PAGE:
Results of the study, released this week, indicated that 53 percent of cats and 55 percent of dogs are overweight, with one in five of the animals being clinically obese, the Los Angeles Times reported Thursday.
"The number of obese pets is growing," said Dr. Ernie Ward, a North Carolina veterinarian and founder of APOP. "This is troubling because it means more pets will be affected by weight-related diseases such as arthritis, diabetes, high blood pressure and kidney disease, costing pet owners millions in avoidable medical costs."
It's hard for many Americans to recognize that their pets are overweight because they, too, are overweight, Ward said.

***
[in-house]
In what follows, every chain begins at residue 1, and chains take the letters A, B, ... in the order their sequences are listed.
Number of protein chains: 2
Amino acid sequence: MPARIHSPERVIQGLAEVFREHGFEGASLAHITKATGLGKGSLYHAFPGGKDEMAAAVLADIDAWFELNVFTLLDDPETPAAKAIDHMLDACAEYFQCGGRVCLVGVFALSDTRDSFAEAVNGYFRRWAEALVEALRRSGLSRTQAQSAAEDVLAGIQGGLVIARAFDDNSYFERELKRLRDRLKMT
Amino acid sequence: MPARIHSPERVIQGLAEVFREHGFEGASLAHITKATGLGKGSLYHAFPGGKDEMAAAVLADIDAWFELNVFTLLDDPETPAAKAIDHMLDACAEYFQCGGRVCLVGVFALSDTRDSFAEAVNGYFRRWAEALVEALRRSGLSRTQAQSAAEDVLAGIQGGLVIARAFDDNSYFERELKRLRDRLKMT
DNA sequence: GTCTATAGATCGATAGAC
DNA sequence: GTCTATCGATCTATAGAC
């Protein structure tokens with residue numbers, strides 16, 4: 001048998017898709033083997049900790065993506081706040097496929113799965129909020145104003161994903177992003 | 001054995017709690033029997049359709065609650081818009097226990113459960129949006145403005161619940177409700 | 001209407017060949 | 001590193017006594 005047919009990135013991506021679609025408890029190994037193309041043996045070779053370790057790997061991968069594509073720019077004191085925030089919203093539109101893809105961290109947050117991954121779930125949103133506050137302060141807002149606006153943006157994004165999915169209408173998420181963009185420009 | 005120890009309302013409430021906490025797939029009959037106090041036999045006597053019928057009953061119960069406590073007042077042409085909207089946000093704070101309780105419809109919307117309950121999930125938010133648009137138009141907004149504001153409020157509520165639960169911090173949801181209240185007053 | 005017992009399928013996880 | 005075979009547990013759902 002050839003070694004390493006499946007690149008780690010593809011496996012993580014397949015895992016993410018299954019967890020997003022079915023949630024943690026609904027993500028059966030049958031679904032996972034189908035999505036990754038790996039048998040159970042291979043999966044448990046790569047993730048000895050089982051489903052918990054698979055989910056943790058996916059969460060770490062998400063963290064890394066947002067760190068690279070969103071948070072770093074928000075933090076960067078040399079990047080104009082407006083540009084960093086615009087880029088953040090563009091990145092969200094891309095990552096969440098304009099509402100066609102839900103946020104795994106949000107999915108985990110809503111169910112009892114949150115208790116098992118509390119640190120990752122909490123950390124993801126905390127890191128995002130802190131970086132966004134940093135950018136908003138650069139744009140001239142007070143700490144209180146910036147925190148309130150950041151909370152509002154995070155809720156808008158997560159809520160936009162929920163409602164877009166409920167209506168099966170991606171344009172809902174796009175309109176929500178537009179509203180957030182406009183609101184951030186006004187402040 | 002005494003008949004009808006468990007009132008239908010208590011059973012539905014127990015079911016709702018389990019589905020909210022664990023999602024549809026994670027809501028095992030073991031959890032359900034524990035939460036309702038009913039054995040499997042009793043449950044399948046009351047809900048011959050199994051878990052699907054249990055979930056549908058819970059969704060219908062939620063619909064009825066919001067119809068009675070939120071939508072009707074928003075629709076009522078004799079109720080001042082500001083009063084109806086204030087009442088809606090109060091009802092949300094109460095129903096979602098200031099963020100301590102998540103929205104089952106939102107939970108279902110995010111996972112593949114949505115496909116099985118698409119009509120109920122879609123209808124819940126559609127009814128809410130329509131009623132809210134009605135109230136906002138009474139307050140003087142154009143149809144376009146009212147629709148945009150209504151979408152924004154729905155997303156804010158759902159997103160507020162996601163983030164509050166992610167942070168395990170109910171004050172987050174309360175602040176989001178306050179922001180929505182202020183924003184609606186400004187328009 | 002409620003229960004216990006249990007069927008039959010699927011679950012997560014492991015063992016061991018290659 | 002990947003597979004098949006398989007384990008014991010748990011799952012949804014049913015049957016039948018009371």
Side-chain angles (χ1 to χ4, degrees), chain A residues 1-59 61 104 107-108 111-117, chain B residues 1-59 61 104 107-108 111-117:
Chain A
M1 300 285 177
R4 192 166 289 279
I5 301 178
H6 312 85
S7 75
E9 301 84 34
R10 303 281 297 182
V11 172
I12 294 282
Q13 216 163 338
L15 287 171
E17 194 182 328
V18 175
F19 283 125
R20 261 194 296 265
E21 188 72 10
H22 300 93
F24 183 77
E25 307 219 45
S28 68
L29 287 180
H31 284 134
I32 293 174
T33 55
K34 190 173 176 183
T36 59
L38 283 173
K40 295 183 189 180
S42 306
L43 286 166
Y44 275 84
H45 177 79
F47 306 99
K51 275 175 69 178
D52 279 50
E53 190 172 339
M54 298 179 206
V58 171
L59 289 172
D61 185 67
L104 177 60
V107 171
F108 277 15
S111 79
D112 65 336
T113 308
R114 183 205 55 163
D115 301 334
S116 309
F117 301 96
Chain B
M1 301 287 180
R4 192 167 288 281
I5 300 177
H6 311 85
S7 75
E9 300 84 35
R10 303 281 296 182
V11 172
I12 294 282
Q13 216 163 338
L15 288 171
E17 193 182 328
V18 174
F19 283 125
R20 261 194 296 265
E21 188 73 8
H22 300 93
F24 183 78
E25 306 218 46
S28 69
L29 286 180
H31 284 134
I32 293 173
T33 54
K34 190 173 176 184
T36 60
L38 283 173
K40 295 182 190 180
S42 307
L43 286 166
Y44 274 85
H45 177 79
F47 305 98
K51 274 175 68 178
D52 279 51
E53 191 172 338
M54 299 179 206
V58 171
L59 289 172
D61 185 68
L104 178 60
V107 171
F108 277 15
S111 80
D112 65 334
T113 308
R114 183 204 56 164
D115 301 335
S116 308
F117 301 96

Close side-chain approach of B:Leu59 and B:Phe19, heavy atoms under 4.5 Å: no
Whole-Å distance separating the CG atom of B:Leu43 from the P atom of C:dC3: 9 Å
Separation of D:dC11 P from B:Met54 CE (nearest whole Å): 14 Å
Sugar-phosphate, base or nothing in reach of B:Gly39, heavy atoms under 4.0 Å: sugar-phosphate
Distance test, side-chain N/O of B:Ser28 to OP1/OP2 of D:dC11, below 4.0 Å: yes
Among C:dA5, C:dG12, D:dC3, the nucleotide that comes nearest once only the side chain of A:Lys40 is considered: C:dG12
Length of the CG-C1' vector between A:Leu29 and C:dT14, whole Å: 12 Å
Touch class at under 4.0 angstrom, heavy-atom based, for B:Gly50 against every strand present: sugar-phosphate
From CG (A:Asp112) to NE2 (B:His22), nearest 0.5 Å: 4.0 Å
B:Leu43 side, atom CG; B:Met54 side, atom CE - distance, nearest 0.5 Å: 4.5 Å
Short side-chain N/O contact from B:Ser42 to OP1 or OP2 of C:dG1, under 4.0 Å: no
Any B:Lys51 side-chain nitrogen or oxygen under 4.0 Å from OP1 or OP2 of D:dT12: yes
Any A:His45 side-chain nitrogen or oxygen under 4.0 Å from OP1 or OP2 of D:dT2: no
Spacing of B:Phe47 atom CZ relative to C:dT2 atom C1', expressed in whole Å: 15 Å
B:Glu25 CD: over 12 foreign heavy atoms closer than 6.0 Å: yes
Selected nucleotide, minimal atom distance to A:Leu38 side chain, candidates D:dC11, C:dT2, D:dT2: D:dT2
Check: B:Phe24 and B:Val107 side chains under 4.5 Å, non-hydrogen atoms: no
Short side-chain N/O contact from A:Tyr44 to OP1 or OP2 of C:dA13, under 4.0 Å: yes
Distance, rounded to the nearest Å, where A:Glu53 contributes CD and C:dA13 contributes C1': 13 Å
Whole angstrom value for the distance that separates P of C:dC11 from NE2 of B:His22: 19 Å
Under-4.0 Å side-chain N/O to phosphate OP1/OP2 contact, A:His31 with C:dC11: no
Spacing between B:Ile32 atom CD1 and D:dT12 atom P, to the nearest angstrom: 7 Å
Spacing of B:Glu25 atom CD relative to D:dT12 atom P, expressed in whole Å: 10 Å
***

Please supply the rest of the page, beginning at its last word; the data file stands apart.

To help pet owners understand the weight of their pet's extra pounds, Ward's organization created the "pet weight translator," which puts the weight of cats and dogs into human terms.
The tool equates each extra pound on a small dog, like a Pomeranian, to 21 extra pounds on a 5-foot-4 woman.
Vets say the solution is easy: Feed your pets less, exercise them more and they will be healthier and possibly live longer.